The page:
Monday, April 26, 2010
How Good Is Your Behavior?
At times, I find understanding resistance difficult. Naturally, exercising resistance is often beneficial. For example, refraining from doing harm to others or preventing myself from engaging in activities that would harm me pays great dividends to any good status I may have accrued. Still, I find many people who simply exercise resistance because they believe that forcefully retarding motion will allow them to benefit from a slow sifting through their potential outcomes in all encounters. Their ego always opposes conscious recall of anxiety-producing experiences.
I assume complete rashness of behavior would be the direct opposite of resisting and, most frequently, rashness does result in many regretful actions. But, impetuous behavior does surface as it springs from a sense of harm in a stimulus-response situation that quickly bypasses forethought and discretion. In such instances, I'm impelled--by a force that's far stronger, far more primal, than my rational adult mind--to strenuously defend myself. Or, sometimes, I attack whoever has (perhaps unwittingly) provoked me. Or, in a sudden state of urgency, I choose to hastily retreat from the situation altogether. Put in colloquial terms, "Someone has pushed all my buttons." I would be the first to admit I have a temper.
An animal-like response to stressful situations prevents positive resistance from surfacing and allowing reasonable, logical, and objective control. I find it difficult to desensitize myself from past experiences that have had negative meanings in my life. To calmly stand in the face of ridicule and evaluate appropriate reactions, much like preventing an instant feeling of self-intimidation by a bully, takes tremendous inner security. I must work on my patience to allow it to serve me best.
Is There a Reason for Quick Resistance?
Some situations can be insufferable, or so outrageous as to be intolerable to the most patient, understanding human. These problematic states are often described in comparative cliche's such as "more than flesh and blood can stand," or "enough to test the patience of a saint," or "enough to try the patience of Job." As human beings, all have been reduced to lashing out at problems when conditions become too stressful.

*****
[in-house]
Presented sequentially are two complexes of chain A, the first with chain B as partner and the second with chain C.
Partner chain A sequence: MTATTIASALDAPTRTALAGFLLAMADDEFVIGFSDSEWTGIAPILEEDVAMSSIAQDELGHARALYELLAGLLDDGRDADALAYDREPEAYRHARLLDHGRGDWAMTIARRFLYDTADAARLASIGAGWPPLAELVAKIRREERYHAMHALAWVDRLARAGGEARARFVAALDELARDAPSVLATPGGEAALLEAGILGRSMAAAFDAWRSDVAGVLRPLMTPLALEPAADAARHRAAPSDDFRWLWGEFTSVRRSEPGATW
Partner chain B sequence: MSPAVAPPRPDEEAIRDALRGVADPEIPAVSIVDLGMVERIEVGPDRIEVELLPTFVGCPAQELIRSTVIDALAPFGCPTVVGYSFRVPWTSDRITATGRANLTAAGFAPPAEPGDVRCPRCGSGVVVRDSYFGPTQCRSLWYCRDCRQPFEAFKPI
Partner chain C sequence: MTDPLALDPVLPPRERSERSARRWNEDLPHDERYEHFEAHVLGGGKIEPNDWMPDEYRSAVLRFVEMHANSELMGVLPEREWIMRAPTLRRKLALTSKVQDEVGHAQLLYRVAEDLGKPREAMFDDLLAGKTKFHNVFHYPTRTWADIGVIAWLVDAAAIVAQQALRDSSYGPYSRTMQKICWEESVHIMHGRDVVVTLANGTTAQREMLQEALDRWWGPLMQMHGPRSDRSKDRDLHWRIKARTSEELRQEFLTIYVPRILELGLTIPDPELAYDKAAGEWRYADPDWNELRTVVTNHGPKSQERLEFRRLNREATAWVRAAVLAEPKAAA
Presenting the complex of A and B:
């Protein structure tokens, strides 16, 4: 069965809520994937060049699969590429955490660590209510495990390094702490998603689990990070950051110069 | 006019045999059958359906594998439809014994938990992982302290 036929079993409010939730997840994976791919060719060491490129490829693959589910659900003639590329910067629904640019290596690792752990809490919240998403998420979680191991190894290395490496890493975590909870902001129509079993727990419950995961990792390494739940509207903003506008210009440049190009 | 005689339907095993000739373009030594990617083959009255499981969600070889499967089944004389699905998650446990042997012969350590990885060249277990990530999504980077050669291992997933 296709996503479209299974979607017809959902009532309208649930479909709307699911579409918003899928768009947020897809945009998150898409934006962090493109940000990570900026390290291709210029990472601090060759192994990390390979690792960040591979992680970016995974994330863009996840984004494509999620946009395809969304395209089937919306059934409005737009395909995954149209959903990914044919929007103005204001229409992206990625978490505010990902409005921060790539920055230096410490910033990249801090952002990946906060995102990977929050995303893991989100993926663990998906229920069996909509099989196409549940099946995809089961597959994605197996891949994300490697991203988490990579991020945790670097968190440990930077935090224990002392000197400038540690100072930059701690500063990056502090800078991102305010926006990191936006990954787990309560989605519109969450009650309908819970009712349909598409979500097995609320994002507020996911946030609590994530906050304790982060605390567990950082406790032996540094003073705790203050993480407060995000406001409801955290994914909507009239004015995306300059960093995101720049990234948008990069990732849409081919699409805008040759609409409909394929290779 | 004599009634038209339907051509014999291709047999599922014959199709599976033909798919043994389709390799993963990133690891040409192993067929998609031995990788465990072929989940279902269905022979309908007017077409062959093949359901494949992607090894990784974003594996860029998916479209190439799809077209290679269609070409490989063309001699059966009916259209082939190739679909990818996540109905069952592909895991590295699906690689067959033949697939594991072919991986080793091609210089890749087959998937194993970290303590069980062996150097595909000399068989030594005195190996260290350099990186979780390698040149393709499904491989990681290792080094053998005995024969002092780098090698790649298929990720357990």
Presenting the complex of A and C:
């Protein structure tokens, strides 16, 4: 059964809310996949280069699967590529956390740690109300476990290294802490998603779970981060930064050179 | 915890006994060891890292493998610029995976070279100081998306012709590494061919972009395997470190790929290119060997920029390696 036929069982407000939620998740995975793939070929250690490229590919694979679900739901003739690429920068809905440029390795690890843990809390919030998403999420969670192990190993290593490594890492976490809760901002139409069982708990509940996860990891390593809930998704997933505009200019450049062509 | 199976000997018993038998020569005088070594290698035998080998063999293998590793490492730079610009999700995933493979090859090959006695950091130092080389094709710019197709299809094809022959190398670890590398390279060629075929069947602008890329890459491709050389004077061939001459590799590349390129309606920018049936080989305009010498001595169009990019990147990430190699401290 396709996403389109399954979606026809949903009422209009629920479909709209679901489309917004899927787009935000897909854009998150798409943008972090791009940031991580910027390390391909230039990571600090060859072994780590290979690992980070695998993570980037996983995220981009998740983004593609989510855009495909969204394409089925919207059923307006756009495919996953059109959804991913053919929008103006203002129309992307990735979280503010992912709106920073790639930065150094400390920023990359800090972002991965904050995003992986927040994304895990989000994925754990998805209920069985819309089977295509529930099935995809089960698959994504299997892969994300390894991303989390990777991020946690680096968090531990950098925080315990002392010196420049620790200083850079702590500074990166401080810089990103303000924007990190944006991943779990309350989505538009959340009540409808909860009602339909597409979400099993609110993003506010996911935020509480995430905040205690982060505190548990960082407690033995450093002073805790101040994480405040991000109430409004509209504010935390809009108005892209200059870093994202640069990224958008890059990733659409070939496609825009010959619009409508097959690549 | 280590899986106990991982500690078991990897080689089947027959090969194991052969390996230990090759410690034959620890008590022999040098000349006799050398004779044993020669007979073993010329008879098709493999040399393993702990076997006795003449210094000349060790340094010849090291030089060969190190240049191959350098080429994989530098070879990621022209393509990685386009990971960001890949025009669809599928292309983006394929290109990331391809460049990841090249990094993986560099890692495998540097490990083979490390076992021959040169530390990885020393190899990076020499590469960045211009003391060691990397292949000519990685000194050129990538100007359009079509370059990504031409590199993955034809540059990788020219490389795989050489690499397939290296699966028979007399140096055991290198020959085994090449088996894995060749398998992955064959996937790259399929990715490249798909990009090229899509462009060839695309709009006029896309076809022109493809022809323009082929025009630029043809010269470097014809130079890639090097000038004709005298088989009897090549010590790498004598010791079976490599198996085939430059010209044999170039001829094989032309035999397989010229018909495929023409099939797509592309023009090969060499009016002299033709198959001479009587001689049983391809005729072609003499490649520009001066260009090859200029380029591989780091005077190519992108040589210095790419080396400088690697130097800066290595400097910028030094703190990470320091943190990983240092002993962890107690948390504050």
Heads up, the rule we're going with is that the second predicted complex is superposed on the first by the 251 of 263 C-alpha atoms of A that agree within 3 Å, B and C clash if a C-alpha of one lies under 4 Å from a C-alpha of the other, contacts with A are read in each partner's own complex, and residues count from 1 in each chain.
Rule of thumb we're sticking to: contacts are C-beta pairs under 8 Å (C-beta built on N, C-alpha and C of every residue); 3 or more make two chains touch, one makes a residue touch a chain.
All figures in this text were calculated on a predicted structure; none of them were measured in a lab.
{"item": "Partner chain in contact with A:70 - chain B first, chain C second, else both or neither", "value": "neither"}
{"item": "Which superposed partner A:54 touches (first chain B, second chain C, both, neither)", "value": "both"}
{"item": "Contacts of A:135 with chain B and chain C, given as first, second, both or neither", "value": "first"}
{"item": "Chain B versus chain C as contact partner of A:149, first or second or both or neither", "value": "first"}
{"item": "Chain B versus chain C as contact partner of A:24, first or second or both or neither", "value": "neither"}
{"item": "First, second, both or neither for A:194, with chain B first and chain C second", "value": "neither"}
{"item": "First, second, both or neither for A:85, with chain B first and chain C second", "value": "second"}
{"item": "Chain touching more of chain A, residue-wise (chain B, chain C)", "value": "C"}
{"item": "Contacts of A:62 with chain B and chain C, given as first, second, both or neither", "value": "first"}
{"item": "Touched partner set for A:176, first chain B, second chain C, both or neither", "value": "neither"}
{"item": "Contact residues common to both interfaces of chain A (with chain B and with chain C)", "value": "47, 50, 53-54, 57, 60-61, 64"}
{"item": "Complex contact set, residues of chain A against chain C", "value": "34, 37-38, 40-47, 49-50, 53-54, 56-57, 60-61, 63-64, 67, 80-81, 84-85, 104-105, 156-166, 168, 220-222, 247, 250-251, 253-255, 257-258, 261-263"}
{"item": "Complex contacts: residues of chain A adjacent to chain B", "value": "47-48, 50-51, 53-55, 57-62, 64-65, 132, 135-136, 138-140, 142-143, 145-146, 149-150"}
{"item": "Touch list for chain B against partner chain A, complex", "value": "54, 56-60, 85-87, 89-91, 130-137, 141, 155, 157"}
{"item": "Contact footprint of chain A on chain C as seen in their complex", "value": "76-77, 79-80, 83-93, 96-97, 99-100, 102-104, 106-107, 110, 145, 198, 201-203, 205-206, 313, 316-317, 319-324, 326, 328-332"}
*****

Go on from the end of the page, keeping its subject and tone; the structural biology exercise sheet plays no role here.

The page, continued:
Yet, still, some wish to negate any immediate action in favor of continuing a seemingly endless negotiation for redress. Committees and individuals talk of solutions, plan tentative reactions, evaluate and re-evaluate outcomes, and eventually table all recommendations of action. The staleness sets in and the goodness deflates over time. Soon, people become disgruntled and stereotypically distrust public officials as everyone lines up on the proper side of the political fence. The honest feel indebted to following nothing in particular that will strike sparks because one tiny arc may stray and sting someone's posterior. And, of course, the greedy want nothing but more power and public face time.
Therefore, the resistance to change falls in watery marbles from a downpour of depressed, disgusted citizens until it washes away all good intentions. Then, any well-meaning officials wish just a little "rash" would have surfaced amidst the sleepy inactives whose heart once felt a very slight beat of potential change. But, by now, these folks are back in their hard shells.
Some people have soft, reflective talents that speak with contemplative, profound voices. Some people have loud, brooding talents what speak with edgy, pointed voices. Unfortunately, many people have inactive talents -- these residents do nothing at all to make a sound. Whoever comprehends that unlocking these resistant attitudes requires equal doses of soft and loud tactics will eventually cause a positive change in direction, but only after many repeated applications.
"But I'll know my songs well before I start singin'
And it's a hard, it's a hard, it's a hard, and it's a hard
It's a hard rain's a-gonna fall." - Bob Dylan